Women and Authority
Edited by Maxine Hanks

Chapter 6
Mormon Women as “Natural” Seers: An Enduring Legacy
Ian G. Barber

[167] Within the last decade several important studies have documented the ministration of women in spiritual rituals during Mormonism’s first one hundred years.1 This research has also considered the licensing of these ministrations through Mormon theology, as well as the explicit appointment and ordination of women to priestly office.2 The withdrawal of official sanction by the Utah LDS church for women’s ministrations, a process spanning the later nineteenth to early twentieth centuries, has also been well documented.3

However, one aspect of Mormon women’s spirituality that has not been fully considered is the function of women as “natural” ministrants. Within Mormonism these “natural” and often mystical ministrations involved prophecy, visions, insight, dreams, visitation, healing, and exorcism. As a “natural” gift the call of a seer also incorporated elements of divination and the interpretation of unknown languages. Of particular relevance to this present discussion of women’s spiritual power, such “natural” gifts did not require church hierarchical appointment or priesthood ordination. Thus consideration of women’s “natural” potential as seers provides a context for understanding spiritual power beyond the boundaries of institutional license and formal church sanction.

In the folk-religious climate which nurtured Mormonism in early North America, a seer was an individual who held communion with divine powers, frequently through an instrument such as [168] a seer stone or “peep” stone.4 The Book of Mormon established the precedent of the seer and outlined the responsibilities of this call. The seer possessed a “high gift from God” and “a gift which is greater can no man have.” Within the Book of Mormon context, the gift was applied to the interpretation (or “translation”) of ancient records. Scripture also stipulated that “A seer can know of things which are past, and also of things which are to come, and by them shall all things be revealed, or, rather, shall secret things be made manifest, and hidden things shall come to light.” The text does not include pre-conditions for receiving this “high gift” other than appointment by God and the exercise of faith. (See Mosiah 8:13-18; 21:27-28; 28:11, 13-17; Omni 20; Alma 37:23-26; Ether 3:23-28).

As president of the High Priesthood, Joseph Smith was “a seer, a revelator, a translator, and a prophet, having all the gifts of God which he bestows upon the head of the church.” These gifts, including that of seer, were also extended by appointment to Hyrum Smith (D&C 108:92; also 21:1; about Hyrum, see 124:94-95). Historical evidence also suggests that nonhierarchical and extra-priesthood exercise of the gift of seeing was reason for some institutional tension.5 Nevertheless, Joseph Smith taught in 1843 that the “white stone mentioned in Revelation 2:17, will become a Urim and Thummim to each individual who receives one, whereby things pertaining to a higher order of kingdoms will be made known; And a white stone is given to each of those who come into the celestial kingdom” (D&C 130:10-11).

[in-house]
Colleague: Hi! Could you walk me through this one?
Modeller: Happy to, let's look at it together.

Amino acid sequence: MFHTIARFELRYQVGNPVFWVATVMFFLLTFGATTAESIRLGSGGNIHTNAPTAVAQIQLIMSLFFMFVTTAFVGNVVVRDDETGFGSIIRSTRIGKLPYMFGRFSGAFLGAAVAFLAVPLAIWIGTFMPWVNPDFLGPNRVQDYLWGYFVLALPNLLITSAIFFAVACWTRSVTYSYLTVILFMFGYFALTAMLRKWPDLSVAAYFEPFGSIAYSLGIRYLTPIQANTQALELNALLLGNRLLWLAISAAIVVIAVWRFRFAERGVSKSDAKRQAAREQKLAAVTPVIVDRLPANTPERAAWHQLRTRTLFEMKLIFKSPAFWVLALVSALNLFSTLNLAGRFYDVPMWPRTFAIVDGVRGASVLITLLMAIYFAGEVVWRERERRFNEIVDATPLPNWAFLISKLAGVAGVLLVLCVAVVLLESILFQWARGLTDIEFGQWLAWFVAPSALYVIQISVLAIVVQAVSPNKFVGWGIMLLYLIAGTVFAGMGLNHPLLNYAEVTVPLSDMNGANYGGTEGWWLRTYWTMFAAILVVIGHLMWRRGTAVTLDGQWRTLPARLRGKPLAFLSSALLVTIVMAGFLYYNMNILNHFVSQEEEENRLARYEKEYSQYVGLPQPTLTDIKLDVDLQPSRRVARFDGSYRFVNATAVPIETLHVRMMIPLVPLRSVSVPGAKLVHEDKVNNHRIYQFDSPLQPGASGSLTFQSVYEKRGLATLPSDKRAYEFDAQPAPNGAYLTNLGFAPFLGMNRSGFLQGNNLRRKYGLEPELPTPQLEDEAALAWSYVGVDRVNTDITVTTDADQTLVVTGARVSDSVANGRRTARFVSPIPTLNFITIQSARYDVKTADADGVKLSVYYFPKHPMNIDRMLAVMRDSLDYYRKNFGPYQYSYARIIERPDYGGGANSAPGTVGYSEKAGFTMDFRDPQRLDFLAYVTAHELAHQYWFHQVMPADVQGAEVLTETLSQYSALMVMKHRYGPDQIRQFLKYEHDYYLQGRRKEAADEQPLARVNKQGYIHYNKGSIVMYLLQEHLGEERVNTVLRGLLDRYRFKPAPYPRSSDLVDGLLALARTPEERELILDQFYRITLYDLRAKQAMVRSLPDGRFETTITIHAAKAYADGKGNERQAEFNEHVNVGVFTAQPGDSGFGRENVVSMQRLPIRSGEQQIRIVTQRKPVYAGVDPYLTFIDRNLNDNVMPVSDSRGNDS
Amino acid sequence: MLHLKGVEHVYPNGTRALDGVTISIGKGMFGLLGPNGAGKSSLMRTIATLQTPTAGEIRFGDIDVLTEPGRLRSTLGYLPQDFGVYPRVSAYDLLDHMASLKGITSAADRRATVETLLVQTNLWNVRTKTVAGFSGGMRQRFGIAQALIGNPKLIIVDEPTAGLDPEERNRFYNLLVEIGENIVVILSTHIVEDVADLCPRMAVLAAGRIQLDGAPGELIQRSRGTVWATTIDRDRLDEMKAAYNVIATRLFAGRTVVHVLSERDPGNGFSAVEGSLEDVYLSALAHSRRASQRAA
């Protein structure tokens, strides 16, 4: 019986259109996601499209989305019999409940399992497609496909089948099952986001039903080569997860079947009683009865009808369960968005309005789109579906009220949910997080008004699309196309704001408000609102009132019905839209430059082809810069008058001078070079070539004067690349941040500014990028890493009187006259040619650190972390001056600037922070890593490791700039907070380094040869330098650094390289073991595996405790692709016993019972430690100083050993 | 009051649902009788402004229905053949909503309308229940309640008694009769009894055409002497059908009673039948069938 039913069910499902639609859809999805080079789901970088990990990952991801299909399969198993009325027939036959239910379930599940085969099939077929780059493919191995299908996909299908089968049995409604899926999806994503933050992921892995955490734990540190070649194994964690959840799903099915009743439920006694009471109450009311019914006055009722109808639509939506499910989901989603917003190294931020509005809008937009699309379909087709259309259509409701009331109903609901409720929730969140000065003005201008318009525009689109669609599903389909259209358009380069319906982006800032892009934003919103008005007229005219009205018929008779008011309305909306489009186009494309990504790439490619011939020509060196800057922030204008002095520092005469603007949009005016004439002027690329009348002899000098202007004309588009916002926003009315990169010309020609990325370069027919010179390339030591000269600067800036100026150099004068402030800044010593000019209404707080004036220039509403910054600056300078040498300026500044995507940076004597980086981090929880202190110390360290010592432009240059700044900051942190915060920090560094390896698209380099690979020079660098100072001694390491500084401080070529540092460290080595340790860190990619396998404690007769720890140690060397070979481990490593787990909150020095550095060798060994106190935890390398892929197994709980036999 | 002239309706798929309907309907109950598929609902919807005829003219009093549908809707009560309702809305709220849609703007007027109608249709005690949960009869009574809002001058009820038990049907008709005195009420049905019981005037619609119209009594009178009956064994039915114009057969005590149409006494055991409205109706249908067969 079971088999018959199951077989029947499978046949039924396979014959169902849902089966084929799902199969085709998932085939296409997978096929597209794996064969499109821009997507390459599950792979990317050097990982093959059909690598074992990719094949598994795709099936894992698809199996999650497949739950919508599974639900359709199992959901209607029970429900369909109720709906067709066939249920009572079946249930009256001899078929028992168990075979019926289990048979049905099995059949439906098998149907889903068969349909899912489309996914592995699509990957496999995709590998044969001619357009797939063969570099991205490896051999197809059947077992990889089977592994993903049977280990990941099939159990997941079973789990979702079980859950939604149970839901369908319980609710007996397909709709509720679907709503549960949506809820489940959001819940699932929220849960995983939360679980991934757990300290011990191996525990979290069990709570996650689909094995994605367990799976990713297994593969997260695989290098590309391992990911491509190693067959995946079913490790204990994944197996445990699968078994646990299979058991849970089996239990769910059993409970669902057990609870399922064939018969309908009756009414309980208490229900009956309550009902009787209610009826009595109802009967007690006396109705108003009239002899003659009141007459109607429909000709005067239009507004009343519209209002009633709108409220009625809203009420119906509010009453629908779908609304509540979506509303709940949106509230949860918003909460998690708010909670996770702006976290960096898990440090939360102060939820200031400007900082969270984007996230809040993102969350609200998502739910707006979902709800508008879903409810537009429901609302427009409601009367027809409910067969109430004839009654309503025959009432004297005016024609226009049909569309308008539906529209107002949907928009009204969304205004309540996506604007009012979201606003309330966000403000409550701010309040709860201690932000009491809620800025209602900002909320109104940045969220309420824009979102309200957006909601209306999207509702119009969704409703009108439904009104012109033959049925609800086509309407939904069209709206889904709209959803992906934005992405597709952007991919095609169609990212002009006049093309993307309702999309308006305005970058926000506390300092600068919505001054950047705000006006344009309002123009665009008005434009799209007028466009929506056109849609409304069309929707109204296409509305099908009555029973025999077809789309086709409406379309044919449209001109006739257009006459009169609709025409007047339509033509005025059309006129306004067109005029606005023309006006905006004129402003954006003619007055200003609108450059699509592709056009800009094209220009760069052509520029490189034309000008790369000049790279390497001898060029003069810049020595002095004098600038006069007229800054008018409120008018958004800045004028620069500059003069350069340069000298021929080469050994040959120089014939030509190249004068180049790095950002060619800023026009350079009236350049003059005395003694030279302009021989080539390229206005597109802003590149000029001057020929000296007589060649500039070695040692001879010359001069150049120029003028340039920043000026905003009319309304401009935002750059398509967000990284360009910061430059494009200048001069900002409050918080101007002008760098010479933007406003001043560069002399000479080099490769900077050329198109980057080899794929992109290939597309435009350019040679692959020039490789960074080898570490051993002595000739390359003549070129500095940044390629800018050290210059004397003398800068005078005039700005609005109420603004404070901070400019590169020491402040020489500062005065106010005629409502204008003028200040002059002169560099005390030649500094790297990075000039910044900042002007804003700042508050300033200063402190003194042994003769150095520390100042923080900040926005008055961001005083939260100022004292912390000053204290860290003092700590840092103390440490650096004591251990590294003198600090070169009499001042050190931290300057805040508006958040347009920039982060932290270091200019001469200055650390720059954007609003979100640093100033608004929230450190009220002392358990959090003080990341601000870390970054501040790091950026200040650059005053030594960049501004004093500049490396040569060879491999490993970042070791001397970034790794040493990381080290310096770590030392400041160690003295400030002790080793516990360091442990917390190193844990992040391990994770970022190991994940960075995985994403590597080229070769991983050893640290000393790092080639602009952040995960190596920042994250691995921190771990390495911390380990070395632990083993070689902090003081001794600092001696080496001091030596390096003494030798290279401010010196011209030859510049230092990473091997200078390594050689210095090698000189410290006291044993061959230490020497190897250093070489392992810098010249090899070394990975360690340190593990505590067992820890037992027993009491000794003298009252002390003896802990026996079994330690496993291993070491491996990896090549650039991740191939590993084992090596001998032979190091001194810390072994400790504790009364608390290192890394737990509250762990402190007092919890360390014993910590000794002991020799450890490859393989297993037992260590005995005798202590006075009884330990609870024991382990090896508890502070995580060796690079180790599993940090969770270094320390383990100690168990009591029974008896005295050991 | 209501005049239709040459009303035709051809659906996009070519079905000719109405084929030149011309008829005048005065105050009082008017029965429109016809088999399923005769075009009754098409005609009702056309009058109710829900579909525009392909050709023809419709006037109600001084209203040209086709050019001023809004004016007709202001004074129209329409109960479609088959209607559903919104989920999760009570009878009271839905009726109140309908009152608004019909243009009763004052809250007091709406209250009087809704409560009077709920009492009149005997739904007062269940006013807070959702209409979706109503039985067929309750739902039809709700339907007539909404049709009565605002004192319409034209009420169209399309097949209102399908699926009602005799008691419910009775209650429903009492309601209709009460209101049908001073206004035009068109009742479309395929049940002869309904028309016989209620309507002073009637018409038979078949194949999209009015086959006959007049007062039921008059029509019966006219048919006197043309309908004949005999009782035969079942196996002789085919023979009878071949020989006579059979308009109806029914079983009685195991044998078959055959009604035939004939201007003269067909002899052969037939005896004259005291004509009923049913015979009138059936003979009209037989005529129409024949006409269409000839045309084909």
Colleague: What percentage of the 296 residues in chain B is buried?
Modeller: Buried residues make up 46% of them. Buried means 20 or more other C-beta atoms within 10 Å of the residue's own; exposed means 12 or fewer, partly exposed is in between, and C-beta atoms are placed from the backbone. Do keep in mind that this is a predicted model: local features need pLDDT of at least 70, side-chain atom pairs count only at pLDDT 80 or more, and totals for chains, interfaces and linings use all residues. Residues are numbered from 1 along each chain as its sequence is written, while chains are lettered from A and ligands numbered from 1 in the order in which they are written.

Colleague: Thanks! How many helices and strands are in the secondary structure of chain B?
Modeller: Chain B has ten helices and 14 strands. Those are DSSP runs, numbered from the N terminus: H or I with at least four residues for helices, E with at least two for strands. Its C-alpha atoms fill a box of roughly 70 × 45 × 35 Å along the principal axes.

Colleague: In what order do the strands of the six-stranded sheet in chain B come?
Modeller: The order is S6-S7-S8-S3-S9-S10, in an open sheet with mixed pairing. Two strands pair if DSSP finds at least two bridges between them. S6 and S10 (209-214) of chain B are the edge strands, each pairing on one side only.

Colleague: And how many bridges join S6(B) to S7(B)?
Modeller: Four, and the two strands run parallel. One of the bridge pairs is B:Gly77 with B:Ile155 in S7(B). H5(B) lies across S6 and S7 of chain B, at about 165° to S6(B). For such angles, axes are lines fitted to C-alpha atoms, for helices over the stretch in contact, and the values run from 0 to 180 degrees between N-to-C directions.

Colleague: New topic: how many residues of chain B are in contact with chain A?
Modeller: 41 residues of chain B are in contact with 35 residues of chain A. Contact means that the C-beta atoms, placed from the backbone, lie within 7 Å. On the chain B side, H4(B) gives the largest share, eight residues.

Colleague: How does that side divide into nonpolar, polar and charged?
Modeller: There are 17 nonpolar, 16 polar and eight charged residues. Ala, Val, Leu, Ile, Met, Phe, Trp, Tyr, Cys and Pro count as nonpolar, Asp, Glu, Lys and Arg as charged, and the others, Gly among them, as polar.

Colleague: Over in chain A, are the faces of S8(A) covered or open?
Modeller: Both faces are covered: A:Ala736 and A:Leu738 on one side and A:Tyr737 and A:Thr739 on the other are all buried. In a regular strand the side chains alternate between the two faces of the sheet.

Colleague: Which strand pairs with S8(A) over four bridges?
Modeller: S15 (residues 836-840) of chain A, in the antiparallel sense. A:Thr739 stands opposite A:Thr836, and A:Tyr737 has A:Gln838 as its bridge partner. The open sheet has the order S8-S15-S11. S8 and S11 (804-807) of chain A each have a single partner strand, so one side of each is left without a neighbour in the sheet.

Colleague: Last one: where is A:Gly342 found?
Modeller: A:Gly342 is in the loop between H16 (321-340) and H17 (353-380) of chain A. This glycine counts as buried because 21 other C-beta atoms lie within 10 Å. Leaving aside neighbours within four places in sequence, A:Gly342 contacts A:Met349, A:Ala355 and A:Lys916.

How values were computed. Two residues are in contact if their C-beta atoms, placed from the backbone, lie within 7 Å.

Church leaders in Utah clarified their understanding of seers. Brigham Young identified early Book of Mormon witnesses Oliver Cowdery and Martin Harris as being among those “who have been natural seers and had many other remarkable gifts.”6 However, these men had fallen away, “principally because they had not sufficient humility.” Young admitted that he was not a prophet or seer as Joseph Smith had been, a comment John Taylor explained as “speaking of men being born Natural Prophets & seers.” “Many have the gift of seeing through seer stones without the Priesthood at all,” Taylor remarked.7 Another aspect of spiritual ability was the natural right to the priesthood of those in the “blood” line of scattered Israel. Early converts were considered “lawful heirs, according to the flesh … and the priesthood … must needs [169] remain through you and your lineage.” This natural right was distinguished from the culturally determined anointing and ordination of a priesthood call. Those not in the descent line had to be “designated … and found worthy, and anointed, and ordained.” (See D&C 68:15-21; 86:8-10; 87:9-10; Abraham 1:2-3, 26-27, 31; 2:9-11.) Heber C. Kimball also addressed the notion of a “natural” prophet, in connection with the rights of lineage. It is significant that he spoke of both men and women as such “Prophets & Prophetesses”: “He [Heber C. Kimball] said any man that was a prophet of God He was born a Natural Prophet. It was through a linage of Prophets. There fathers & mothers were Prophets & Prophetesses by birth through the Seed of Abraham. Theis was the case with Joseph Brigham & himself. [Their?] Fathers were prophets.”8

The exercise of the gift of seeing in early Mormonism often involved the use of a stone (or stones) (see Mosiah 8:13; 28:13-16; Alma 37:21, 23-24; Ether 3:1, 3-4, 6, 23, 28; 4:5). However, this essay interprets the experience of a seer as a broader mystical phenomenon and considers related spiritual ministrations as well, where instruments were not necessarily involved.

Women as “Natural” Seers in the Nineteenth Century

As several historians have shown, a folk-mystical culture served as the setting for the foundational events of Mormonism.9 The spiritual gifts of women were a part of this early history. A seer by the name of Sally Chase was employed by treasure-seekers to locate Joseph Smith’s golden plates. Her employers were no doubt relying on a notion prevalent in the treasure lore of the area that “women seemed particularly prone to treasure dreams and particularly skilled at using seer-stones.”10 Smith was also required to bring a woman (his wife Emma) to the hill where the sacred golden record was hidden, before the plates could be retrieved.11